He even enlisted local immigration hard-liners like Pinal County Sheriff Paul Babeu to make the case. “Senator, you’re one of us,” Babeu said to McCain in a campaign ad about building a fence along the Mexican border.

But after Latino voters ditched Romney and the Republican Party at the polls in November, and with President Barack Obama and Democrats pushing immigration reform, McCain is one of a bipartisan group of eight senators talking behind closed doors on an immigration deal that could give the nation’s 11 million illegal immigrants more leeway than many conservative hard-liners are ready to accept.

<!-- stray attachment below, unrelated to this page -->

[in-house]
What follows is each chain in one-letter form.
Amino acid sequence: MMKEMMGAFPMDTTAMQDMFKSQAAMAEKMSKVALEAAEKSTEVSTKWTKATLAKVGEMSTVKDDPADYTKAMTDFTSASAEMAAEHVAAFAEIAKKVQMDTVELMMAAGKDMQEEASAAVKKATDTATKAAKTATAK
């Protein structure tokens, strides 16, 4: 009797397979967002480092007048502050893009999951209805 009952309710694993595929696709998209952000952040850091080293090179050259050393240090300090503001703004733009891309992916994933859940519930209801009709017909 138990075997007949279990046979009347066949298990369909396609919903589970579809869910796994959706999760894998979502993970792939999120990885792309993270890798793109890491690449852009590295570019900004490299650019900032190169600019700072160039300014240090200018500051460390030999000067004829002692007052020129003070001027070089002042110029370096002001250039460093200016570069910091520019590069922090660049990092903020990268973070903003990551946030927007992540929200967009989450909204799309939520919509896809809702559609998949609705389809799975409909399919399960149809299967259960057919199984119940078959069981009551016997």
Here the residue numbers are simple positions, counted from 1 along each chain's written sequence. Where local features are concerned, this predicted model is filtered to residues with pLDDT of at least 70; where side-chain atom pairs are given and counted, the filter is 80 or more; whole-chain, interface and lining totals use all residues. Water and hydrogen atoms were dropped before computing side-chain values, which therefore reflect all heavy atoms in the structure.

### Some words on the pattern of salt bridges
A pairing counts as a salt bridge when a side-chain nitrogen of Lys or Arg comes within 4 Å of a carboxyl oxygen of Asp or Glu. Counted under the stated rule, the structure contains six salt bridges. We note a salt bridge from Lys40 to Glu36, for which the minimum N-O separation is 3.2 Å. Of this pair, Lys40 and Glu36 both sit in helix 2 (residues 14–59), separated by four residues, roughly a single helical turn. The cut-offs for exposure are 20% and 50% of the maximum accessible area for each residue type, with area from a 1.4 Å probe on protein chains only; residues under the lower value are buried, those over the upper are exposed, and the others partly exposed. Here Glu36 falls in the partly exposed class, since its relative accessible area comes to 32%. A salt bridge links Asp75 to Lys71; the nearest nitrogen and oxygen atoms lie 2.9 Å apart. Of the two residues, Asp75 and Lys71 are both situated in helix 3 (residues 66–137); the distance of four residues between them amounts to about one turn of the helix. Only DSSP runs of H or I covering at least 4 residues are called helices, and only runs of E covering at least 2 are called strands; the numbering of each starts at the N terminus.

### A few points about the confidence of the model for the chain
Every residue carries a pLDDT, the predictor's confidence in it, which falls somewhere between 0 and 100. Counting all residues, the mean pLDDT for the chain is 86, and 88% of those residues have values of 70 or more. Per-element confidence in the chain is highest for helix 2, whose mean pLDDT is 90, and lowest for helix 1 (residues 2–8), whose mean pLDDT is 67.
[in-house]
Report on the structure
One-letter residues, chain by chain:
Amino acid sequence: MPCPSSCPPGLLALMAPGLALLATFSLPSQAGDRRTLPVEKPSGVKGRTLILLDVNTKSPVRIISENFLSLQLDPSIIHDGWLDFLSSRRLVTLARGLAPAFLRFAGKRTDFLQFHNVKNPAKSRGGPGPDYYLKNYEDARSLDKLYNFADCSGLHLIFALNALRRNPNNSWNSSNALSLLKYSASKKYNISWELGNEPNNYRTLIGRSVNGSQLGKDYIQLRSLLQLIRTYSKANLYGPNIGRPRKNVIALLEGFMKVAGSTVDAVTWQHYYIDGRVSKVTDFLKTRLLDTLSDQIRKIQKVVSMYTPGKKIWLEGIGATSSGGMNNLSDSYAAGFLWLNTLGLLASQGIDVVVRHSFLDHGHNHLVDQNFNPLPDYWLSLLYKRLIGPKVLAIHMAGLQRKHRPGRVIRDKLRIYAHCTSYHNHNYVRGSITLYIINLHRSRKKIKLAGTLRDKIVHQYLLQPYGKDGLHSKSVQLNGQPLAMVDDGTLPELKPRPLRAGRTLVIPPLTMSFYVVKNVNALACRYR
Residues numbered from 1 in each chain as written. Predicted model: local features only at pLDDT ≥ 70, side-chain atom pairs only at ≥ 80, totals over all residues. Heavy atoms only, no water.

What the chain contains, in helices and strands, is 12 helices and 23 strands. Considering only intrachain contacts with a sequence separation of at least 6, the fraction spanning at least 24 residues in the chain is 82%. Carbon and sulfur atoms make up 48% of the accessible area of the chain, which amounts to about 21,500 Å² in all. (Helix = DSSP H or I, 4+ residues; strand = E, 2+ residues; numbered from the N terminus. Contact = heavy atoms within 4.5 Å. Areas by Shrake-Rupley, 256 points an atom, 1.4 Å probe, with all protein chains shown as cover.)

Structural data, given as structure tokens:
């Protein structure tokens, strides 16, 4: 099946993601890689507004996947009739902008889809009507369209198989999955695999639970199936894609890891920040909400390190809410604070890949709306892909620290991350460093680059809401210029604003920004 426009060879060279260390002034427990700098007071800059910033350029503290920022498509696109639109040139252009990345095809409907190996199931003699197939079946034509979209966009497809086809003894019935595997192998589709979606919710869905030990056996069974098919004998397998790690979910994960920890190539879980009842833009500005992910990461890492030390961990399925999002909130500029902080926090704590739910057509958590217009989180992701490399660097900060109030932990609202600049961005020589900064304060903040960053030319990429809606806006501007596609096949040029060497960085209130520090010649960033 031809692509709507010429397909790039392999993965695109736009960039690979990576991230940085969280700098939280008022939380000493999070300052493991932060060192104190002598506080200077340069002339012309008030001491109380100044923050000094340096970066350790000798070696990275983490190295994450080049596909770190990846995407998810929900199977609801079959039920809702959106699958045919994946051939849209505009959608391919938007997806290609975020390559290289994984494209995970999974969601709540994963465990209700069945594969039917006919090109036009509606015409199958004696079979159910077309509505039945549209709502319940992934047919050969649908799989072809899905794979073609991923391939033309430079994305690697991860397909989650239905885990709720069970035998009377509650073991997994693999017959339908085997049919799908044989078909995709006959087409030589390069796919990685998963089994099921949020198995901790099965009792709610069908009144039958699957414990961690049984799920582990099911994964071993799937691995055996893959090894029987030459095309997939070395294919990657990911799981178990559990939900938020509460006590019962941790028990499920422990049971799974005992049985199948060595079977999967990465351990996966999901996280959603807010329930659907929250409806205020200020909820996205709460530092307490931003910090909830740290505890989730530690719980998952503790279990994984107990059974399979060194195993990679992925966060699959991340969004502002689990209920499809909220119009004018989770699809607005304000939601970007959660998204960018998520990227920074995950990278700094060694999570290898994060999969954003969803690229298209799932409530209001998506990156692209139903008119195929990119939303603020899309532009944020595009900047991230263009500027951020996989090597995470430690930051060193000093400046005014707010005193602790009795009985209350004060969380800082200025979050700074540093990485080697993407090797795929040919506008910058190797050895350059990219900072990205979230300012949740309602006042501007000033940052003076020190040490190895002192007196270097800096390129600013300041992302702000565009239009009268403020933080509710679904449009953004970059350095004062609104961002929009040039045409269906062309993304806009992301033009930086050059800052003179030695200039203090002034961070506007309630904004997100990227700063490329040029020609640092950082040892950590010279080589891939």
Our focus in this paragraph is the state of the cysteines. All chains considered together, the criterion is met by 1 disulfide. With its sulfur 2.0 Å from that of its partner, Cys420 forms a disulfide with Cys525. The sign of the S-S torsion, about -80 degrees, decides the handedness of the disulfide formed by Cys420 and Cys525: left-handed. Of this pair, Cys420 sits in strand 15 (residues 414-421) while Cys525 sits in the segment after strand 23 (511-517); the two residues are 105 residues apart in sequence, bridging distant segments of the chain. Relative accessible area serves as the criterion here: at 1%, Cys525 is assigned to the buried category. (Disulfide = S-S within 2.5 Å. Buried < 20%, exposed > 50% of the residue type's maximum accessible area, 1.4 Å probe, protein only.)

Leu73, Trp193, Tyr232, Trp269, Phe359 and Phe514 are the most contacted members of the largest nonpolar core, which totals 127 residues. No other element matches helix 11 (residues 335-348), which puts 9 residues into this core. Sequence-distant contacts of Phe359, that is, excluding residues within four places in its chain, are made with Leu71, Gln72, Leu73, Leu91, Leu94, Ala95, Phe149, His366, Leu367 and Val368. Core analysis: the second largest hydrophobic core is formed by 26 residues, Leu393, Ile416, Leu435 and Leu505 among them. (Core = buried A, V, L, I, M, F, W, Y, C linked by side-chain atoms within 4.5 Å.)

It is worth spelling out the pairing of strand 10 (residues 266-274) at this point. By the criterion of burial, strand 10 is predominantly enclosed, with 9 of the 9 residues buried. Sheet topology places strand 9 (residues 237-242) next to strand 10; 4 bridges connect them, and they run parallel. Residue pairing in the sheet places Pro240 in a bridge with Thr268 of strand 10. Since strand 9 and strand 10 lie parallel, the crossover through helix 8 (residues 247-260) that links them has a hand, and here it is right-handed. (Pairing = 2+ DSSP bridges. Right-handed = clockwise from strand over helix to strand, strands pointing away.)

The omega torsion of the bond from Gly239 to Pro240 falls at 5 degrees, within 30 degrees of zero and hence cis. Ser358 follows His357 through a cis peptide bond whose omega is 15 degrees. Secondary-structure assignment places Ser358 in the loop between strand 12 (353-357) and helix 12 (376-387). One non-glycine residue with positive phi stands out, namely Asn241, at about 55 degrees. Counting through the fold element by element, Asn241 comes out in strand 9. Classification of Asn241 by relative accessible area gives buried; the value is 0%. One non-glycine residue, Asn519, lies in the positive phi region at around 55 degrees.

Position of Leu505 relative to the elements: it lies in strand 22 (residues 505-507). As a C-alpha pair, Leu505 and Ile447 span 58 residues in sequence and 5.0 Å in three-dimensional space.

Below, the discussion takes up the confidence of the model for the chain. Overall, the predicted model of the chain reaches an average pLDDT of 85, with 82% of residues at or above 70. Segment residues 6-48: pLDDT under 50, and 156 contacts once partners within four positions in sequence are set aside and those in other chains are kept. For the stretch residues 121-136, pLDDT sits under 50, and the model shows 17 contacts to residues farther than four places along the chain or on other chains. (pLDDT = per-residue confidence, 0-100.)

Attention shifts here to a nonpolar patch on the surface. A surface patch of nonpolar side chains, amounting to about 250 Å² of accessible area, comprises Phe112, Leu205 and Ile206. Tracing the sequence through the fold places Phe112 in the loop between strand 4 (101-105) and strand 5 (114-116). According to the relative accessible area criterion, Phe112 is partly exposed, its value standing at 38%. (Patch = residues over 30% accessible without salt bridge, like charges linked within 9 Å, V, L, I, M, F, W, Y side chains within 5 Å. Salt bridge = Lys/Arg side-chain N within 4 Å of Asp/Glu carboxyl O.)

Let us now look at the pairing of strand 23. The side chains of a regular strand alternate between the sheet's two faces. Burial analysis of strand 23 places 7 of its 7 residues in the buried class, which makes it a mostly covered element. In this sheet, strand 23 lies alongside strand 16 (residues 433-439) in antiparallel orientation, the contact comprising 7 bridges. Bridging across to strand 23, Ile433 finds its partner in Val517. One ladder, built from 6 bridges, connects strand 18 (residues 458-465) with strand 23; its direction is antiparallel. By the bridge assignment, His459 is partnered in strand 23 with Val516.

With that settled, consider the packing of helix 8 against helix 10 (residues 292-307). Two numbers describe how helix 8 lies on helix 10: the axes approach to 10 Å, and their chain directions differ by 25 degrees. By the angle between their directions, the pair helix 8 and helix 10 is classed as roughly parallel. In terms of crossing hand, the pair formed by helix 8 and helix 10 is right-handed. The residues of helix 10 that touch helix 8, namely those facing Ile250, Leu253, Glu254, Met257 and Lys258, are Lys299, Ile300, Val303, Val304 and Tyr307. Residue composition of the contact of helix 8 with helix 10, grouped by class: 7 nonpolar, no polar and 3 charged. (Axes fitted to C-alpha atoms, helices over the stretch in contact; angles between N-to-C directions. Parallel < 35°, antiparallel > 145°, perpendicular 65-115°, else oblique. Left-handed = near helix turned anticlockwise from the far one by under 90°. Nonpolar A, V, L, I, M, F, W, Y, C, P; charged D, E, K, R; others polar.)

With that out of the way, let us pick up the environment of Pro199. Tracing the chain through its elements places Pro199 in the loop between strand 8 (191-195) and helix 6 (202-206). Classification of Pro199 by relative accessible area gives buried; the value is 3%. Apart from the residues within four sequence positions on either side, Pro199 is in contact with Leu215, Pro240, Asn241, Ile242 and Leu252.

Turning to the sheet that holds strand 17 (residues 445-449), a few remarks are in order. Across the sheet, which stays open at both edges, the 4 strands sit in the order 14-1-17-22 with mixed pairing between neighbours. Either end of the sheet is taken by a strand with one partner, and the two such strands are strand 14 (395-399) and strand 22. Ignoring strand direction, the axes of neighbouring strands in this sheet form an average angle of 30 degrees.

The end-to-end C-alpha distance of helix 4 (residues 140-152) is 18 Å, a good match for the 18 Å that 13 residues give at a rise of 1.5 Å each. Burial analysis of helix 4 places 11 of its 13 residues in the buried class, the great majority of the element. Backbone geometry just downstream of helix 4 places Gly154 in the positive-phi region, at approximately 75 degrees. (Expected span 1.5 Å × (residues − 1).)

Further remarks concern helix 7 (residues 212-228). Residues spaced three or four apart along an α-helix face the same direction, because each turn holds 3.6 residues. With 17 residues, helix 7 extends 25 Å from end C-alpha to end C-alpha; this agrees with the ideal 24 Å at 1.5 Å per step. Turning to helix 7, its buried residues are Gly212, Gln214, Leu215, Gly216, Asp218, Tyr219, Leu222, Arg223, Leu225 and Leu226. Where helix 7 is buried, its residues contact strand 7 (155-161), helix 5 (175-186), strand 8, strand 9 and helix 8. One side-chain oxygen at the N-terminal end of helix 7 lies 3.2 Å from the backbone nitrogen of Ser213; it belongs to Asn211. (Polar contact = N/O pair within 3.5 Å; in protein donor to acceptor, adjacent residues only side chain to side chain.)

If the coalition holds, McCain could emerge as a chief ally to Obama, a stark reversal from the past four years, when McCain was a thorn in the administration’s side on a host of issues, including immigration and defense.

“I’ve been trying for a long time, and I think maybe now that the climate is such that we can be successful,” McCain told POLITICO.